Flòraidh Forrest, project director of Tobar an Dualchais, on discovering the history behind the oldest recording featured in the collection….
Until recently, the oldest recordings on the Tobar an Dualchais dated back to 1937.
When giving public presentations, we would present a clip of Anna MacDougall of Glen, Barra, singing a snippet of O Hùg O, Chailleach Chrùbach from this year, which was the oldest recording on the website at that time (TAD ID 40457).
There is a crackling on the recording that gives away its age and yet the informality of the moment captured – with Anna and some other ladies in the background chuckling as they forget and remind each other of the words to the song – seems to transport the listener back in time.
This recording was made by the eminent Gaelic Scholar John Lorne (JL) Campbell who lived in Barra from 1933-1937, just before he and his wife and professional collaborator, Margaret Fay Shaw, bought the Island of Canna and relocated there in 1938. Of the early recordings made by Campbell, there are 11 available on Tobar an Dualchais from 1937.
This number jumps to 175 the following year, as Campbell upgraded from an Edison wax-cylinder recorder to a Presto disk recorder.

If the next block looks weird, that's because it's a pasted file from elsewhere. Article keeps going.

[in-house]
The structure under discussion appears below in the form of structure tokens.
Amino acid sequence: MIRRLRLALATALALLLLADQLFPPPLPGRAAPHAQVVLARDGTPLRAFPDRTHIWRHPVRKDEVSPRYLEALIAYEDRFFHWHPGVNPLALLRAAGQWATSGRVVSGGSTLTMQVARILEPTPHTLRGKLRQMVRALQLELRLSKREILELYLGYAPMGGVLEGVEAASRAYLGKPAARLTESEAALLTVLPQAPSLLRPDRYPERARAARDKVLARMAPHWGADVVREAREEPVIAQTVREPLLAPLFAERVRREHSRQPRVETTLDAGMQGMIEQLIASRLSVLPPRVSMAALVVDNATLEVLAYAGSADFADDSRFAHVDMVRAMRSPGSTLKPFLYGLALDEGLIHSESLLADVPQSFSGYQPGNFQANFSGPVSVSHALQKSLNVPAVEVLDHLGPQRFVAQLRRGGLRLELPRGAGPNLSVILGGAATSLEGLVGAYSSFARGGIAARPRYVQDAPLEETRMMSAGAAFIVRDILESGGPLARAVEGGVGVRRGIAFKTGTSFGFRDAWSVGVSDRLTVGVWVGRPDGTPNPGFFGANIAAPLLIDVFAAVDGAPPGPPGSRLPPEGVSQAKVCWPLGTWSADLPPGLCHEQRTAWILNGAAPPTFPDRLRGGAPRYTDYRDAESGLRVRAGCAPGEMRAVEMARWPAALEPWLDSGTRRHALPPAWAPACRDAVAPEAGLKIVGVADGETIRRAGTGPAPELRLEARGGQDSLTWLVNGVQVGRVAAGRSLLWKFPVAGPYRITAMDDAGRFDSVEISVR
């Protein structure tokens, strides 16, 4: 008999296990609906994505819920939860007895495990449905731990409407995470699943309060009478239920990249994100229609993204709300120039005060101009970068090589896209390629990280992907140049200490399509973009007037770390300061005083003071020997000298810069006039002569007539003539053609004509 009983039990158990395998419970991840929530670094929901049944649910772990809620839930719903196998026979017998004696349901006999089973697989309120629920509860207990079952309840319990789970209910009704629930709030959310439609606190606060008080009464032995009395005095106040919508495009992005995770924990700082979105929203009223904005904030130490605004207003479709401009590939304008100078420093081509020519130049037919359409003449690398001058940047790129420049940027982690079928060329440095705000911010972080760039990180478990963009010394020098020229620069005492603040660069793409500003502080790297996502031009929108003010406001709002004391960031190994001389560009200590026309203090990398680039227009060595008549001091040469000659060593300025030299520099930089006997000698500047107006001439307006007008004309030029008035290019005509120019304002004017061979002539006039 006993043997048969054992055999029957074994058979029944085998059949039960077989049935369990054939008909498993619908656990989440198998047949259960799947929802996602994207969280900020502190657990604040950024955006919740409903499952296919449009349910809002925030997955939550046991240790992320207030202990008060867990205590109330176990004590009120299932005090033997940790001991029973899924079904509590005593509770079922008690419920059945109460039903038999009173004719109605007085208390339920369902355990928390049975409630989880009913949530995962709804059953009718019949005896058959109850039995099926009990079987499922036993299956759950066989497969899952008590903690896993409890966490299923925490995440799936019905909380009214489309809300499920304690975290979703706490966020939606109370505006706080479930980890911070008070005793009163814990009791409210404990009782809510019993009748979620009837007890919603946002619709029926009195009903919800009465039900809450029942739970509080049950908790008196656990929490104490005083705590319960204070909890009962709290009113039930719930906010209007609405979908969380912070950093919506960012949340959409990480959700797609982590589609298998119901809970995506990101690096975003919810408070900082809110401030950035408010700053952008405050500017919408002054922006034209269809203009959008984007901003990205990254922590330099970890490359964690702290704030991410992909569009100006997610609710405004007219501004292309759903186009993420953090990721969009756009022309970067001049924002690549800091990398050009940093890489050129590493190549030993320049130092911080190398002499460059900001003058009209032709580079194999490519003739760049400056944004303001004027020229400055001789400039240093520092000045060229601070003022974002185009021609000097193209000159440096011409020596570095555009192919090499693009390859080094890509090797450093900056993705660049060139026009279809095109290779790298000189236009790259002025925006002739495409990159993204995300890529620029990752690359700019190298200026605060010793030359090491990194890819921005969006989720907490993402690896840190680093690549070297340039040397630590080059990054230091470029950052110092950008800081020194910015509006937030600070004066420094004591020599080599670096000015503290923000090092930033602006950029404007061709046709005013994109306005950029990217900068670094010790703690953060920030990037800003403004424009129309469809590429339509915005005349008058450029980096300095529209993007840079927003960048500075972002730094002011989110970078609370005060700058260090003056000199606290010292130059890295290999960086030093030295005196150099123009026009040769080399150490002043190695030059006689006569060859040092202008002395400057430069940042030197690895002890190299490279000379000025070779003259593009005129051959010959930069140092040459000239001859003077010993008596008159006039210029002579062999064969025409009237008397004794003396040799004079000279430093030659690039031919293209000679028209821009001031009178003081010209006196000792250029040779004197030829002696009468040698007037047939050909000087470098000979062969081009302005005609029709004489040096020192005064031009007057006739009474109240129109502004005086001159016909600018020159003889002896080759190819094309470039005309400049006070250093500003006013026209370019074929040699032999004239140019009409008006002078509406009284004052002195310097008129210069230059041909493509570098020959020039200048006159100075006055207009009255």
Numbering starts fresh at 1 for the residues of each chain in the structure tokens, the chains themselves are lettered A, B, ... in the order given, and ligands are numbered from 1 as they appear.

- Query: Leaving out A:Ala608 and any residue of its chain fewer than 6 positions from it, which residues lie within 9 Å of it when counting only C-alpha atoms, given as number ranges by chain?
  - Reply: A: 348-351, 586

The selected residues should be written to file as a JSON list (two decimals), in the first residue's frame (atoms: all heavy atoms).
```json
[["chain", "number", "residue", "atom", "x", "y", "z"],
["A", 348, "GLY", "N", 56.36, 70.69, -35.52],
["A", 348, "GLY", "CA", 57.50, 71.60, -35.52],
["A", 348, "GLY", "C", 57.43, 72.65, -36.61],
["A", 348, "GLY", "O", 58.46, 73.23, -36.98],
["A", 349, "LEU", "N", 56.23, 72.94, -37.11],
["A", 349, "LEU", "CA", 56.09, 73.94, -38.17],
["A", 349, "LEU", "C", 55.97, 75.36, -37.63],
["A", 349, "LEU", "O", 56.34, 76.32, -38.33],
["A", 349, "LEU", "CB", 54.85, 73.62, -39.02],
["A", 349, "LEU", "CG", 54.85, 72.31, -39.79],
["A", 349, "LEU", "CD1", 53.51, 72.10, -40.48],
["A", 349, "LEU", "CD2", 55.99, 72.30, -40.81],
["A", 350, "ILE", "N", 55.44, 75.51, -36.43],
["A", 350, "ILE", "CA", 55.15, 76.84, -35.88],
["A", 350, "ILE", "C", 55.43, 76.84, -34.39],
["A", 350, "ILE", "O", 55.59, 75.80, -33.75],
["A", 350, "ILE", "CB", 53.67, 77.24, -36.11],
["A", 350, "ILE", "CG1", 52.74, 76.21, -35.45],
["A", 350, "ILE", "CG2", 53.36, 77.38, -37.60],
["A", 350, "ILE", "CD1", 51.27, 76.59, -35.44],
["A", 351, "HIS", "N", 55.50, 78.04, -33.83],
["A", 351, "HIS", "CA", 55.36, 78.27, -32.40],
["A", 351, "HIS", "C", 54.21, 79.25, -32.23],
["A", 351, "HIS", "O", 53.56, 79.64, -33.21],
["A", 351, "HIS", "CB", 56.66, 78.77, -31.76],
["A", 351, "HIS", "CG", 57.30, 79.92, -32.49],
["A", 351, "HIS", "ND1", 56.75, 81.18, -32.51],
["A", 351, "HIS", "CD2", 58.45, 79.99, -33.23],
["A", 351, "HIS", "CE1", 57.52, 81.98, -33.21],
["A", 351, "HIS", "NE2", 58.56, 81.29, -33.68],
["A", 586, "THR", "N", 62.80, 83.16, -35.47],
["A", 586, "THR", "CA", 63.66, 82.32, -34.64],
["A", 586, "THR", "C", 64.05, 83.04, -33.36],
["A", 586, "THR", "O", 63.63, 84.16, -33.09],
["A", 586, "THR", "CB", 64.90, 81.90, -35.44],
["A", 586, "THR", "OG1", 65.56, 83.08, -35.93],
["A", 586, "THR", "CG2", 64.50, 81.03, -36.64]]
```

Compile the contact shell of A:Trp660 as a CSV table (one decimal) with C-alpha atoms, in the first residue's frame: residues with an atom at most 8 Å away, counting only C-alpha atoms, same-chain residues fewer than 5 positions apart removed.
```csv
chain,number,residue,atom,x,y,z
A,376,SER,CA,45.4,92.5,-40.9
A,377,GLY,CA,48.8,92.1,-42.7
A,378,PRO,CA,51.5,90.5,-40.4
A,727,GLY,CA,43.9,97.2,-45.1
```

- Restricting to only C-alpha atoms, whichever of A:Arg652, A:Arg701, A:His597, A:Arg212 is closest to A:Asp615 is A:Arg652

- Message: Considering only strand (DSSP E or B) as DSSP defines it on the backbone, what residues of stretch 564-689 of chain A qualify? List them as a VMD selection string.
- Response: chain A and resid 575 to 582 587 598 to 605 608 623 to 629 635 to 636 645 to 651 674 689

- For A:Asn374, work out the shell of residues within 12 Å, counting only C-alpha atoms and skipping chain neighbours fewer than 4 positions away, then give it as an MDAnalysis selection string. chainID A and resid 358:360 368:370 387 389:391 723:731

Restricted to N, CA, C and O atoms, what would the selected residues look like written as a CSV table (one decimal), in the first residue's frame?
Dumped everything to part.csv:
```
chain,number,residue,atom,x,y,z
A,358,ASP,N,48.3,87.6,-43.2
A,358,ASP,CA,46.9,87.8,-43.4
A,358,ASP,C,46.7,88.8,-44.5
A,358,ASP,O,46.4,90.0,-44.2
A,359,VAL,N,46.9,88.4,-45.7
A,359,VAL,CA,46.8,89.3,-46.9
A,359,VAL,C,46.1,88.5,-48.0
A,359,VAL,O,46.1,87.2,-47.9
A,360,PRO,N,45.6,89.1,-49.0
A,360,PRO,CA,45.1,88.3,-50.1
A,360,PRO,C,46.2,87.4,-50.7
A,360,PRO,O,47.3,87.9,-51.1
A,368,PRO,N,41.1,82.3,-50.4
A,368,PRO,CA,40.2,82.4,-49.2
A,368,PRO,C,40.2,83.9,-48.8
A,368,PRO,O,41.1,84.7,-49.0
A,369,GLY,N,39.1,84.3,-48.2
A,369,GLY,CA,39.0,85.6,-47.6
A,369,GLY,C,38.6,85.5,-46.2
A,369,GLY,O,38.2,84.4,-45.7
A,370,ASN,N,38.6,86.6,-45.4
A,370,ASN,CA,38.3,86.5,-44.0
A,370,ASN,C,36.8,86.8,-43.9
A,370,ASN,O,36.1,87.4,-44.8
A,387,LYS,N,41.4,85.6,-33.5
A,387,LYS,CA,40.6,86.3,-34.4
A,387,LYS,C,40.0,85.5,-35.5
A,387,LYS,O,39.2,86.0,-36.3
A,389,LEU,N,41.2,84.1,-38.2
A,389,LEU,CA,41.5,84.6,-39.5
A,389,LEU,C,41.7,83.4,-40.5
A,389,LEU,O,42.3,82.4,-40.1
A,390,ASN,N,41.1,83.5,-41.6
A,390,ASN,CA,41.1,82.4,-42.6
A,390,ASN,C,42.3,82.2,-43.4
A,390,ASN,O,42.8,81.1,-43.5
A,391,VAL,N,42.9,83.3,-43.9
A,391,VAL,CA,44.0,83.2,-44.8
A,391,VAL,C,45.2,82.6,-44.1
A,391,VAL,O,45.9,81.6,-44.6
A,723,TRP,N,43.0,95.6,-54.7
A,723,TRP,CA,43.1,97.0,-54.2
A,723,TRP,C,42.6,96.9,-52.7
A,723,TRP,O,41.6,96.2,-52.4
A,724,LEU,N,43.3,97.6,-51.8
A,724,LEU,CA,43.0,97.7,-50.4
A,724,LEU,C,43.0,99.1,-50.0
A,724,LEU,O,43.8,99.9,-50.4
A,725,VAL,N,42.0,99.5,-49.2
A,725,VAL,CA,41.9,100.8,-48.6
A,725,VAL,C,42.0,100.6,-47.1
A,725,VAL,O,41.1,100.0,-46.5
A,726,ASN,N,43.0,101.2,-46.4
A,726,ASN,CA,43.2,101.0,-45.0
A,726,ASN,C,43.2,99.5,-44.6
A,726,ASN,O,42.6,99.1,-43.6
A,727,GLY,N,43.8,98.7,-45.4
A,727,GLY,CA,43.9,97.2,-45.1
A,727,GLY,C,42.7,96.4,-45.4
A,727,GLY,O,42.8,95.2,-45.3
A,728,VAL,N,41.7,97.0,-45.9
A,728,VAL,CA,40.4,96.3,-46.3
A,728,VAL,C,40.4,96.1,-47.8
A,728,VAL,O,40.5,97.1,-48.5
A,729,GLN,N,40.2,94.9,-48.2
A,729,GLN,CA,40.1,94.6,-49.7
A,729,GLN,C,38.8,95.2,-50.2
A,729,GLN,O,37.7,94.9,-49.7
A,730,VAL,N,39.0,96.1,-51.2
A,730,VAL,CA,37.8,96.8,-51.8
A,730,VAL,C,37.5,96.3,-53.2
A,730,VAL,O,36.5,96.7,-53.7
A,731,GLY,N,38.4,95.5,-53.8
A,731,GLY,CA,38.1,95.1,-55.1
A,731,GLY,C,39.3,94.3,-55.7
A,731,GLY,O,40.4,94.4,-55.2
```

Knowing this timeline, it was a surprise when trawling through our database for unpublished material for a community event in South Uist to find an even older recording, from 1935.
It is of Seonaidh Campbell, Seonaidh mac Dhòmhnaill ‘ic Iain Bhàin (1859-1945), of South Lochboisdale, telling an anecdote about two unemployed friends conversing and having a bowl of soup together before one man gets the better of the other.
The anecdote is told at a lovely pace, in beautiful South Uist Gaelic, and the recording itself is remarkably clear (TAD ID: 41039).
After meeting Seonaidh’s next of kin at a recent Tobar an Dualchais event held at Cnoc Soillier in South Uist, permission was granted to make the recording available online.
We now have a new ‘oldest recording’ on the Tobar an Dualchais website!
The recording is, however, an anomaly. John Lorne Campbell did not purchase his Ediphone until 1936, a year after this recording was made.
So, a bit of digging was required to find out more, not only about how the recording had come to be made, but also about the man it featured.
Significantly, this is the only recording we have of Seonaidh Campbell on Tobar an Dualchas, although his influence can be heard throughout the website.
Seonaidh Campbell was born in 1859 and lived in South Lochboisdale. He attended school from the age of nine or ten but did not learn to read or write in Gaelic or English until he was much older.
JL Campbell described Seonaidh in 1939 as a monoglot Gaelic-speaker, but others say that he could speak three languages, Gaelic, English and Doric, the latter having been picked up during his years at sea, having fished alongside East coast fishermen.